Picking force of leaf. The average value for stalk diameter was 7.167 mm for near root internode and 5.427 for near growth tip. Variance analysis showed significant differences in both stem diameter and petiole section area related to each group. Mean values of petiole section area were 0.0462 cm^{2} and 0.091 cm^{2} for near growth tip and near root internode, respectively. Figure 7 shows that with increasing of stalk diameter, rose section areas petiole increased.
Fig. 7. Effect of stalk diameter on petiole section area of rose stem 
Figure 8 shows the effect of stem diameter on picking force, energy and energy per unit area of rose flower. Picking force and energy increased with increasing the stem diameter, but the value of shear energy per unit area decreased. Based on variance analysis (Table 3), picking force and energy were affected by picking velocity significantly (P = 1%).
Fig. 8. Effect of stem diameter on picking force, absorbed energy and energy per unit area 
Duncan's multiple range test variance analyses results show with increasing the picking velocity from 10 to 500 mm·min^{1}, the mean values of picking force and energy increase from 5.975 to 9.998 N and from 9.451 to 14.449 mJ, respectively. There was no significant difference between mean values of picking force and energy at 10 and 100 mm·min^{1} levels. El Hag et al. [4] found that the effects of loading rate on tensile strength of cotton stem were influenced further by density of stem. For high density specimens 0.400 g·cm^{3}, the tensile strength increased directly with the rate of loading, but for lower density specimens 0.3759 g·cm^{3} the tensile strength decreased with increase in loading rate from 7.6 to 25.4 mm·min^{1} and then increased with further increase of loading rate.
Table 3. Result of analysis of variance (ANOVA) of effect of velocity, Location, on shear strength and energy per unit area of rose stem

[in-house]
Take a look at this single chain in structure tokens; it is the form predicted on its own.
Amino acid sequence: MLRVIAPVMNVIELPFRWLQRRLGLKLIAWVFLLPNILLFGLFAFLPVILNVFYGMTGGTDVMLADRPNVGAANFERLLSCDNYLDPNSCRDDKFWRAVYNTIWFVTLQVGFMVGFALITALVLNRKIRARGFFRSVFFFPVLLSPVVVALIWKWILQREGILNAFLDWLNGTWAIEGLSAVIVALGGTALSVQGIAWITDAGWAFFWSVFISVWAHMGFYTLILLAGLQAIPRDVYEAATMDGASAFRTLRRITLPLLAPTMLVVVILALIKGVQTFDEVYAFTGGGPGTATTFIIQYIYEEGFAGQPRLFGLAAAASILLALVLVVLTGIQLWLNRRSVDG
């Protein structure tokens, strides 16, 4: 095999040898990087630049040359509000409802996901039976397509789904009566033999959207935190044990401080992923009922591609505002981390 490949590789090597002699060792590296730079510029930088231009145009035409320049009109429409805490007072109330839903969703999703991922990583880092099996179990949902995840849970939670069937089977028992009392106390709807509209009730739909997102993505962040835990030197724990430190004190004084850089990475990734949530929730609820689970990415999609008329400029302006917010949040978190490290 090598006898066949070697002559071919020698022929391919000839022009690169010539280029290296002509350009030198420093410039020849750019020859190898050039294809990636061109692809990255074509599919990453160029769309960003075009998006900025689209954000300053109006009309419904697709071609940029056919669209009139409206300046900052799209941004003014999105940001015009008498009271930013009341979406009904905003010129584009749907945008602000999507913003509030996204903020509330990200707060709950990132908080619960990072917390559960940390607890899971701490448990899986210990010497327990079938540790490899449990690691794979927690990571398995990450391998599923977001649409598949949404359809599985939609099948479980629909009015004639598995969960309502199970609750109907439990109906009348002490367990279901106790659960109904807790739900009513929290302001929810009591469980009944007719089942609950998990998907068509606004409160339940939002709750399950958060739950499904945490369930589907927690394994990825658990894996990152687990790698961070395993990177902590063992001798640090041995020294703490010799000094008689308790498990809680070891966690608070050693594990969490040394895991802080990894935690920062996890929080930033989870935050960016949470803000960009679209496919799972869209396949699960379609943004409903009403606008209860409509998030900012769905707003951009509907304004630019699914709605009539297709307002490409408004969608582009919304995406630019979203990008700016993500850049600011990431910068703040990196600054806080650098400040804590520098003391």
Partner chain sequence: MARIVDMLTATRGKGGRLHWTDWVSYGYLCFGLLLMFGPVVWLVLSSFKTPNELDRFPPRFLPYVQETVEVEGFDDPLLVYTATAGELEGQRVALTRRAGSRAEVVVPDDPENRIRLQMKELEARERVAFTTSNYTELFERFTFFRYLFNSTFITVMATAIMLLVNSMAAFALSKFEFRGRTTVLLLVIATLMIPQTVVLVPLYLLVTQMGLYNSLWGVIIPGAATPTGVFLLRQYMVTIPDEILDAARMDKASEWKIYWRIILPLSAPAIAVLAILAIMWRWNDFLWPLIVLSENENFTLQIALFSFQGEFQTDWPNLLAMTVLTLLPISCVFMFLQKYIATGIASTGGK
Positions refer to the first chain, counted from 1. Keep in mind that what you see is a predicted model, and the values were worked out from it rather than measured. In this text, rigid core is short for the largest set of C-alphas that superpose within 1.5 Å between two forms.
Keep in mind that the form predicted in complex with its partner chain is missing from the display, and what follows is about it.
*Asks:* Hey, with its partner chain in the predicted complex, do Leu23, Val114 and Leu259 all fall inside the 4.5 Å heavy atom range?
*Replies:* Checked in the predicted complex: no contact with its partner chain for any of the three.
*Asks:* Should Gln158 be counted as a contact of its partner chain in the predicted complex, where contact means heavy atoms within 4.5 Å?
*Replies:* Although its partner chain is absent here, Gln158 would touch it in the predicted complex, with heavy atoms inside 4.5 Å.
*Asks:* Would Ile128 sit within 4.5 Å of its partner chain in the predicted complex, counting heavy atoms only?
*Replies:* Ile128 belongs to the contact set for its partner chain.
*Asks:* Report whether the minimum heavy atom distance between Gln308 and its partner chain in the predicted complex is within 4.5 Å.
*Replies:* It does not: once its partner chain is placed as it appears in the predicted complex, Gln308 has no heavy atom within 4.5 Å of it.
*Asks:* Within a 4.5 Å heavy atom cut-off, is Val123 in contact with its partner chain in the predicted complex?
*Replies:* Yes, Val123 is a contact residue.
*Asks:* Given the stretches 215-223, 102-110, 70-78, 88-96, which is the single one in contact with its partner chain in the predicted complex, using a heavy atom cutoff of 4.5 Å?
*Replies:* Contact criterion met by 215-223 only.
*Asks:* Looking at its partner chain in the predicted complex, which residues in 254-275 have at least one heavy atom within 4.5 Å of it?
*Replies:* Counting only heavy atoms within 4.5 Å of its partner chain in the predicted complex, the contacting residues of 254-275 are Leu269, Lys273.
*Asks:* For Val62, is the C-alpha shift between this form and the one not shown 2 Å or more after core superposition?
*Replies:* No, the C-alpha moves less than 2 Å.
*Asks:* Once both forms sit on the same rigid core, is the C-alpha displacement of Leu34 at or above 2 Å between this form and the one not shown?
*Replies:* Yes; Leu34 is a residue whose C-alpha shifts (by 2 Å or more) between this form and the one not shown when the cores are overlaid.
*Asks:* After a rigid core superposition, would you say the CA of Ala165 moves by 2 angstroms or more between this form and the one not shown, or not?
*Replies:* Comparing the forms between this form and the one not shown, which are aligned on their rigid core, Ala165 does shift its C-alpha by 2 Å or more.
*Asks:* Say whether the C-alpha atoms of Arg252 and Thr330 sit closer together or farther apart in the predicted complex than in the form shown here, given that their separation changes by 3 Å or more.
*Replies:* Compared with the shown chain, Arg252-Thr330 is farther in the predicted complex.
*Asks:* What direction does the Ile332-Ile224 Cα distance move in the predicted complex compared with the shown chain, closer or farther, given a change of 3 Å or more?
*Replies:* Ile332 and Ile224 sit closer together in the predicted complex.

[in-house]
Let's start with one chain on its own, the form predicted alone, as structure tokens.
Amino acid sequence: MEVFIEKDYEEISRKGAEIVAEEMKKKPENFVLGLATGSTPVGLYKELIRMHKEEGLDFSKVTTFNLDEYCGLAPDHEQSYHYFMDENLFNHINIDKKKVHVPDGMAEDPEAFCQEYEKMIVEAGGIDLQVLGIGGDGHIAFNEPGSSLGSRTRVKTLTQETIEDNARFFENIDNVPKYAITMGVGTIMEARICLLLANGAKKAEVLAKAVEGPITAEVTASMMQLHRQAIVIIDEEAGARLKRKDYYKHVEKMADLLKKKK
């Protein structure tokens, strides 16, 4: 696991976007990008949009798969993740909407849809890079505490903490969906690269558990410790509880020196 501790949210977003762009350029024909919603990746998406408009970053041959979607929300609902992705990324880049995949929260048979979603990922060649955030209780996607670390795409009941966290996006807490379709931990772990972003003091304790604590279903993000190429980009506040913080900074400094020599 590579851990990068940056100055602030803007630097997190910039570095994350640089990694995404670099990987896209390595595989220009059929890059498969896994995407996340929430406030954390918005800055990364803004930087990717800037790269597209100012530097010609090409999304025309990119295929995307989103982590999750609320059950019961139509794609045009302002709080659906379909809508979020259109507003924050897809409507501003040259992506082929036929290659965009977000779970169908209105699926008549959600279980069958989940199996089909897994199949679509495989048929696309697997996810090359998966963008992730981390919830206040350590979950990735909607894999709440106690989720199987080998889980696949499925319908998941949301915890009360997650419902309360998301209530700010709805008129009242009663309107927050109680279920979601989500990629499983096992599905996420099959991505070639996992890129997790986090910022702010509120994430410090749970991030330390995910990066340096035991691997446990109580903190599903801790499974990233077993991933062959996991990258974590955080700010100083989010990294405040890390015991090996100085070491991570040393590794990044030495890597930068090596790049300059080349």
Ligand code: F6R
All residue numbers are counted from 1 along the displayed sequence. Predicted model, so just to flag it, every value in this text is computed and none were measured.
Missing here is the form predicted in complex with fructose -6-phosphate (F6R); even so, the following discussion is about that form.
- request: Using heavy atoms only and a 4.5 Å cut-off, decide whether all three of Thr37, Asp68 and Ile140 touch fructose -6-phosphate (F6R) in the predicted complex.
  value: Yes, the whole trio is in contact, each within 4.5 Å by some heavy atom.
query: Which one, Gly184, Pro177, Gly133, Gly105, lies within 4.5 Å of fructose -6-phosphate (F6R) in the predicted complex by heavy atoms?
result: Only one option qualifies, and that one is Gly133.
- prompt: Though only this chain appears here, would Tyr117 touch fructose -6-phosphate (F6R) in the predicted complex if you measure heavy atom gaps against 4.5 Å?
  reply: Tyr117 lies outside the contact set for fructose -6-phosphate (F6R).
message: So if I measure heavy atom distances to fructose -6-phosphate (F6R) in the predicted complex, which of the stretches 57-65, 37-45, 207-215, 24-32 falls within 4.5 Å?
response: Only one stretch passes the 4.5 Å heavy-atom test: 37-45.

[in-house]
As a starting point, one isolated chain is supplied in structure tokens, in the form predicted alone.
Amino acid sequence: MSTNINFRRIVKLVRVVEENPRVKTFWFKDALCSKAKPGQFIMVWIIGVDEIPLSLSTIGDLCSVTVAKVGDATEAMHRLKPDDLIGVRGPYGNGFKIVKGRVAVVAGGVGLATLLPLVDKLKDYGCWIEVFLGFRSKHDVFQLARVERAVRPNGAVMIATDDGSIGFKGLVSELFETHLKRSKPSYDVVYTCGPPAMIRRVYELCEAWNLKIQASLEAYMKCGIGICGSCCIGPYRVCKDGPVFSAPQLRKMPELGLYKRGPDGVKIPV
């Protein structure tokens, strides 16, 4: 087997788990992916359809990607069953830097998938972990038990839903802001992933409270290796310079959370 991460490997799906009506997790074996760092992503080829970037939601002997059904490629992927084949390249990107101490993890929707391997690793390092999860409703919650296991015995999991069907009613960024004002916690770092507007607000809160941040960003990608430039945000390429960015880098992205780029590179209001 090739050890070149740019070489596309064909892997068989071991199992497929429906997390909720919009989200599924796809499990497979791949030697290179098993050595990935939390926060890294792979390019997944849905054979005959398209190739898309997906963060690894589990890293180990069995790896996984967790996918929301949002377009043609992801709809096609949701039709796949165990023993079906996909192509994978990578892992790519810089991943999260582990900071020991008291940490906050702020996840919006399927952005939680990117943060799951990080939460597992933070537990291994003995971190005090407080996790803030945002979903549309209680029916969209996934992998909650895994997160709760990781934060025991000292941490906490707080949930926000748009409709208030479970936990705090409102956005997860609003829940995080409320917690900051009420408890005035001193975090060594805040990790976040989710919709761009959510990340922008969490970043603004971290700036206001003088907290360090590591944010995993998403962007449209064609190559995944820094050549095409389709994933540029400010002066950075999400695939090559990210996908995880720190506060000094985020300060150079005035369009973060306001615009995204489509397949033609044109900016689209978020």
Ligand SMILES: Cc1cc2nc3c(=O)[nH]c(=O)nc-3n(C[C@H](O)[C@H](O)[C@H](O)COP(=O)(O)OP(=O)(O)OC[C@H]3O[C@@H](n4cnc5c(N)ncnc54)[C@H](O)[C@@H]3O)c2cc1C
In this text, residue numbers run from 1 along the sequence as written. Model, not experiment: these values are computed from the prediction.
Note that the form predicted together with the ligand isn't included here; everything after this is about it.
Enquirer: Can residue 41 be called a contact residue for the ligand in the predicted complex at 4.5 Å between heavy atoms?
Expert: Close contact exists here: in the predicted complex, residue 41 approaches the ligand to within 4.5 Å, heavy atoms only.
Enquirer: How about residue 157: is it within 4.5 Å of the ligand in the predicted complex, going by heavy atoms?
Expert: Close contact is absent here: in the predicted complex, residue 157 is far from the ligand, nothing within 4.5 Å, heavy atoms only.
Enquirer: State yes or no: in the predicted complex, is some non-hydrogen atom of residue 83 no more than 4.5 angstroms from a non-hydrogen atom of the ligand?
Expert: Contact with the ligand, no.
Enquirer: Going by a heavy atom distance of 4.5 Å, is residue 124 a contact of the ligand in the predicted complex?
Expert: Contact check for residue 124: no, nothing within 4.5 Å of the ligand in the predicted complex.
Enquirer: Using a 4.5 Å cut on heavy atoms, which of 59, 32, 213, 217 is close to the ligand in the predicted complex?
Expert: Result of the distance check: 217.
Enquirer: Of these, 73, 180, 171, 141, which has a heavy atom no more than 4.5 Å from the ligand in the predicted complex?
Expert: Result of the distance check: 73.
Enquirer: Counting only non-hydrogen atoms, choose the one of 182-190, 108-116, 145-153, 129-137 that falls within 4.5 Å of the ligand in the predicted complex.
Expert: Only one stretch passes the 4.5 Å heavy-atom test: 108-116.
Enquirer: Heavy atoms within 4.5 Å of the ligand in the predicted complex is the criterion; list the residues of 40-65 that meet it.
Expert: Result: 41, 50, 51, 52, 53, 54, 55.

Source of variation 
DF 
Picking force (N) 
Picking energy (mJ) 
Treatment 
11 
190.78^{a} 
128.41^{a} 
Location (L) 
1 
7.244^{ns} 
73.59^{a} 
Tensile direction (D) 
1 
1813.43^{a} 
998.24^{a} 
Velocity(V) 
2 
85.46^{a} 
129.79^{a} 
L × D 
2 
1.917^{ns} 
23.89^{ns} 
L × V 
2 
4.05^{ns} 
19.25^{ns} 
D × V 
2 
45.41^{a} 
2.45^{ns} 
L × D × V 
2 
3.09^{ns} 
6.88^{ns} 
Error 
48 
321.68 
8.79 
a – significant at 1%, b – significant at 5%, ns – not significant 
Result of the variance analysis for location of samples showed there is not significant effect on picking force, but for energy was significant at 1% level. Mean values for picking force and energy varied from 7.335 to 8.061 N and 10.592 to 12.807 mJ, for top and bottom location, respectively. Picking direction had significant difference at 1% levels on force and energy values. Results of Duncan multiple range tests shows that mean values for up and down direction were 13.21 N and 2.22 N, respectively.
CONCLUSION
The average values of shear strength and energy per unit area were decreased due to the shear velocity increasing. So the shear strength and energy per unit area of 1.63 MPa and 5.16 mJ·mm^{2} were recommended for picking the rose flower.
With increasing the shear velocity, from 10 to 500 mm·min^{1} the average values of shear strength and energy per unit area decreased.
The shear strength decrease with increasing shear velocity which may be due to the viscoelastic behavior of plant material.
With increasing stem diameter, picking force and energy increased, but the value of shear energy per unit area decreased.
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Accepted for print: 4.05.2011
Adel Heidari
Department of Agrtechnology,
College of Aboureihan, University of Tehran, Iran
Pakdasht, 3391653775, Iran
email: heidariadel@ymail.com
Gholam Reza Chegini
Department of Agrotechnology, College of Aboureihan, University of Tehran, Iran
Pakdasht, 339163775, Iran
phone: +98 292 30 406 14, fax: +98 292 30 407 46
email: chegini@ut.ac.ir